Steering Clear of Groupthink in Business
Businesses tend to create groups and panels to help them solve a problem or make a decision on something. Despite the virtue of bringing ideas together, these groups tend to kill creativity and innovation. Group members make quick decisions, especially when the most influential group members come up with an idea. Here are ways businesses can avoid the consequences that result from group think.
• Leaders Should First Keep Their Ideas To Themselves
Leaders or people with higher positions tend to influence the decisions made in a group. In most cases, group members will go with the group’s ideas made by influential people. According to pain management specialist Jordan Sudberg, employees might feel intimidated to share ideas contrasting with their leaders for fear of falling out of favor. Leaders should, therefore, first keep their opinions to themselves and encourage others to brainstorm and come up with their ideas.
Businesses can use diversity and inclusivity to eliminate group thinking. Inclusivity in a group means allowing every member to share their ideas and positively criticize other ideas where necessary. Blending this inclusivity with diversity is a desirable trait in business. Every department should have a representative, and other employees should be asked their opinion on the matter. Engaging outsiders can also be a great way of practicing inclusivity. Outsiders can bring a new perspective to the issue and also offer their technical knowledge on some topics that are not clear.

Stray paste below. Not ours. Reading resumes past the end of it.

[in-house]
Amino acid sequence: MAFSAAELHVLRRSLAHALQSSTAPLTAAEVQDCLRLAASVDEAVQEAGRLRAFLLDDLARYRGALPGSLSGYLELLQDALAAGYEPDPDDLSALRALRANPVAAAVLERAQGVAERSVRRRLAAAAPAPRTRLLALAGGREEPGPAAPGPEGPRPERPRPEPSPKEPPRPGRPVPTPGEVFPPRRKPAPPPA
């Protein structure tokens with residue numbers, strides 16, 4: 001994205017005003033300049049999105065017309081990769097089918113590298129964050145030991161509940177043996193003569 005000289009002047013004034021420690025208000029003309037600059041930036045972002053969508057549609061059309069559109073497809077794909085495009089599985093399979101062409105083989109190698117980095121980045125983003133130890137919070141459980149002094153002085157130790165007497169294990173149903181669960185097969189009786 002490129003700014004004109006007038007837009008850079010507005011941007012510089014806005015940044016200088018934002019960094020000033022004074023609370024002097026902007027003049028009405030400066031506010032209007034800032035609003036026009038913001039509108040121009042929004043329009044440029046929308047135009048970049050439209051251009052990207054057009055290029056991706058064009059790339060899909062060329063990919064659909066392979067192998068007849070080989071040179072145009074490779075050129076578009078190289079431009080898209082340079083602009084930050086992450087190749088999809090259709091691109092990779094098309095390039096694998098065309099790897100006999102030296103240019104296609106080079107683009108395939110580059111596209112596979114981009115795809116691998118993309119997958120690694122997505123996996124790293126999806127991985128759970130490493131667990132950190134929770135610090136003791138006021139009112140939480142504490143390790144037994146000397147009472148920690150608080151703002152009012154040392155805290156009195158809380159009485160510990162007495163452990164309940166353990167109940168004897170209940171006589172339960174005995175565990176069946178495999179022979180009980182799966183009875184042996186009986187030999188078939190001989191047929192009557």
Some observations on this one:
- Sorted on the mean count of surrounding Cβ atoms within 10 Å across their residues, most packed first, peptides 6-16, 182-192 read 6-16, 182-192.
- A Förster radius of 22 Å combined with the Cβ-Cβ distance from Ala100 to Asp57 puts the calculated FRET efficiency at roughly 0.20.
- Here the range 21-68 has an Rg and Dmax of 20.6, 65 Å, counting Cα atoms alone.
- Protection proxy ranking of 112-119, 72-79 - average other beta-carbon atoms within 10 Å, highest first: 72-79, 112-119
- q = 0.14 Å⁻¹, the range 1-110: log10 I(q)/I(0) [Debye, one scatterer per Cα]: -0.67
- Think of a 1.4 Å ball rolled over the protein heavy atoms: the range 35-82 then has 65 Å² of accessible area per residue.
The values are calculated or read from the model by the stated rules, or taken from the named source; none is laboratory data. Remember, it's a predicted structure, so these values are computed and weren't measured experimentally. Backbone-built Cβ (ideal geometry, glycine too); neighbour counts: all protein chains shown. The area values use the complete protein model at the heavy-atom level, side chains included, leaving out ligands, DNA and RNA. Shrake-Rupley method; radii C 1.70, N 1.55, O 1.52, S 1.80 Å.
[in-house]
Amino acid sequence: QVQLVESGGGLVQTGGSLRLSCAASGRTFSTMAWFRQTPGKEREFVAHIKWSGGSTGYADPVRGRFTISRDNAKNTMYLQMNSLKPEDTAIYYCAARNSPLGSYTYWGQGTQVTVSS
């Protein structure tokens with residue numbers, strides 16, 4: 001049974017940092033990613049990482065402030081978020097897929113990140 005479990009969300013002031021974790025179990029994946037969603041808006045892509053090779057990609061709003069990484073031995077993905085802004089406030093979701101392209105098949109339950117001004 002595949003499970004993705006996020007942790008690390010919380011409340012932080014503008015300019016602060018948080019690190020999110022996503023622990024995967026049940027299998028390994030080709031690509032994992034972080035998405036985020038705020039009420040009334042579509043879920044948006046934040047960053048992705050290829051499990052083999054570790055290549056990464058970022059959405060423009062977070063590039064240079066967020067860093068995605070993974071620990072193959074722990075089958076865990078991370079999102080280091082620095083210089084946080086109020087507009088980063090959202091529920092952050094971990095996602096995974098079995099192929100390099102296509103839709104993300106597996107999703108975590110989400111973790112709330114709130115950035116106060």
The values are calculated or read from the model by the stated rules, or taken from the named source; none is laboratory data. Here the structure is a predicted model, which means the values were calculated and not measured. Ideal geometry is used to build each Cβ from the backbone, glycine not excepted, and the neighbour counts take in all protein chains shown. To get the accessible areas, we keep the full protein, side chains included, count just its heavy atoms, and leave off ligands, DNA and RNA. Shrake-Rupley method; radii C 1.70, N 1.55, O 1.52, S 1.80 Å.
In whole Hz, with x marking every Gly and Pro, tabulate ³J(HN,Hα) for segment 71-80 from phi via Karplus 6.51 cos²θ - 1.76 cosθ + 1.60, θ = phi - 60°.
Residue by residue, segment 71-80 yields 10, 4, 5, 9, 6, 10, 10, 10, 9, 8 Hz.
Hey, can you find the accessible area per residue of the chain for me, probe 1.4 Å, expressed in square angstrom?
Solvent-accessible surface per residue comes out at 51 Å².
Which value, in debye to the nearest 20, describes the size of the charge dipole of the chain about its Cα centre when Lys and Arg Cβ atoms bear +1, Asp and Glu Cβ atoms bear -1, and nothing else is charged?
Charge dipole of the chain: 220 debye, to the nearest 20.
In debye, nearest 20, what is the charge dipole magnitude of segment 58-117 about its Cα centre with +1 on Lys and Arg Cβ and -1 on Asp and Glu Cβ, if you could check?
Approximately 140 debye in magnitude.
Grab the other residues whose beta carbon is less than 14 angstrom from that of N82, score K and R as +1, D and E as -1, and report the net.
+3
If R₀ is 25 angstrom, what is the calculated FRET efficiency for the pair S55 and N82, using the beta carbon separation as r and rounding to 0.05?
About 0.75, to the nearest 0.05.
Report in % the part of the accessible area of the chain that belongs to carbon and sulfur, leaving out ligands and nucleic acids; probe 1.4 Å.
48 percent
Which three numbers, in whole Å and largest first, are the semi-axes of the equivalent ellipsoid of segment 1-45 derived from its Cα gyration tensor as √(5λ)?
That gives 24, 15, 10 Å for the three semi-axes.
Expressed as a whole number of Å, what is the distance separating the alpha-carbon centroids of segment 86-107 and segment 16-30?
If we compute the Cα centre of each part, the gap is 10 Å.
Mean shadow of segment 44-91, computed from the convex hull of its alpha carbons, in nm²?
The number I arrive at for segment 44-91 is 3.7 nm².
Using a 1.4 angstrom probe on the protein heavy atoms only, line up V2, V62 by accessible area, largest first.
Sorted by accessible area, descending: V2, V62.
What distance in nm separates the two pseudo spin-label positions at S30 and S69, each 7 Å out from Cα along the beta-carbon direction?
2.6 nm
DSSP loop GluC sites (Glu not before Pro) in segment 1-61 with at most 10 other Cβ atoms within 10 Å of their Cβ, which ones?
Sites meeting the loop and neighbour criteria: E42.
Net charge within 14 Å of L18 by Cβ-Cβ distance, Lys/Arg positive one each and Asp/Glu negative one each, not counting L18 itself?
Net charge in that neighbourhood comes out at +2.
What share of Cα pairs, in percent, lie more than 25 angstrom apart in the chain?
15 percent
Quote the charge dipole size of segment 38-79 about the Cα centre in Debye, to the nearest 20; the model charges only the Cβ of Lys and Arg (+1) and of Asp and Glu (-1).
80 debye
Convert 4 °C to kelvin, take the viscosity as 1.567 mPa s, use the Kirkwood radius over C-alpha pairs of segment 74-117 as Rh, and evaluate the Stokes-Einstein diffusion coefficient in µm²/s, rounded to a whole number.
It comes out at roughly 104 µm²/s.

• Critical Evaluation of Ideas
Ideas in a group should not be agreed upon just because the majority of the members seem content. In addition, groups should not make conclusions because of the owner’s status. Members should critically evaluate ideas based on merit. An idea’s pros and cons should be considered and assessed before concluding. Members should also consider suitable improvements to the ideas to eliminate the problems resulting from their implementation. It gives room for well-thought-out and conclusive solutions to the issue at hand. Jordan Sudberg comments that this evaluation helps prevent the group from ignoring important information and blame games that rise afterward if things go wayward.
• Encourage Healthy Conflict
If things are moving smoothly in a business group discussion, there is a problem. It is an indication that some group members are silent on some controversial issues, and the group can easily make mistakes. However, conflicts and criticisms in such group discussions require a certain level of confidence that allows leaders and employees to challenge each other without fear. Business leaders should create an open environment where people can challenge each other irrespective of their status. If necessary, one can institute a devil’s advocate in their group who can stir the pot to trigger some challenge or conflict that will help avoid mistakes in the conclusions agreed upon.
Businesses should be aware of groupthink and its effects. These tips will prove vital to helping business leaders avoid groupthink when making important decisions for their companies. With most business meetings shifting to the online space, leaders should learn how to implement these steps in their online group discussions.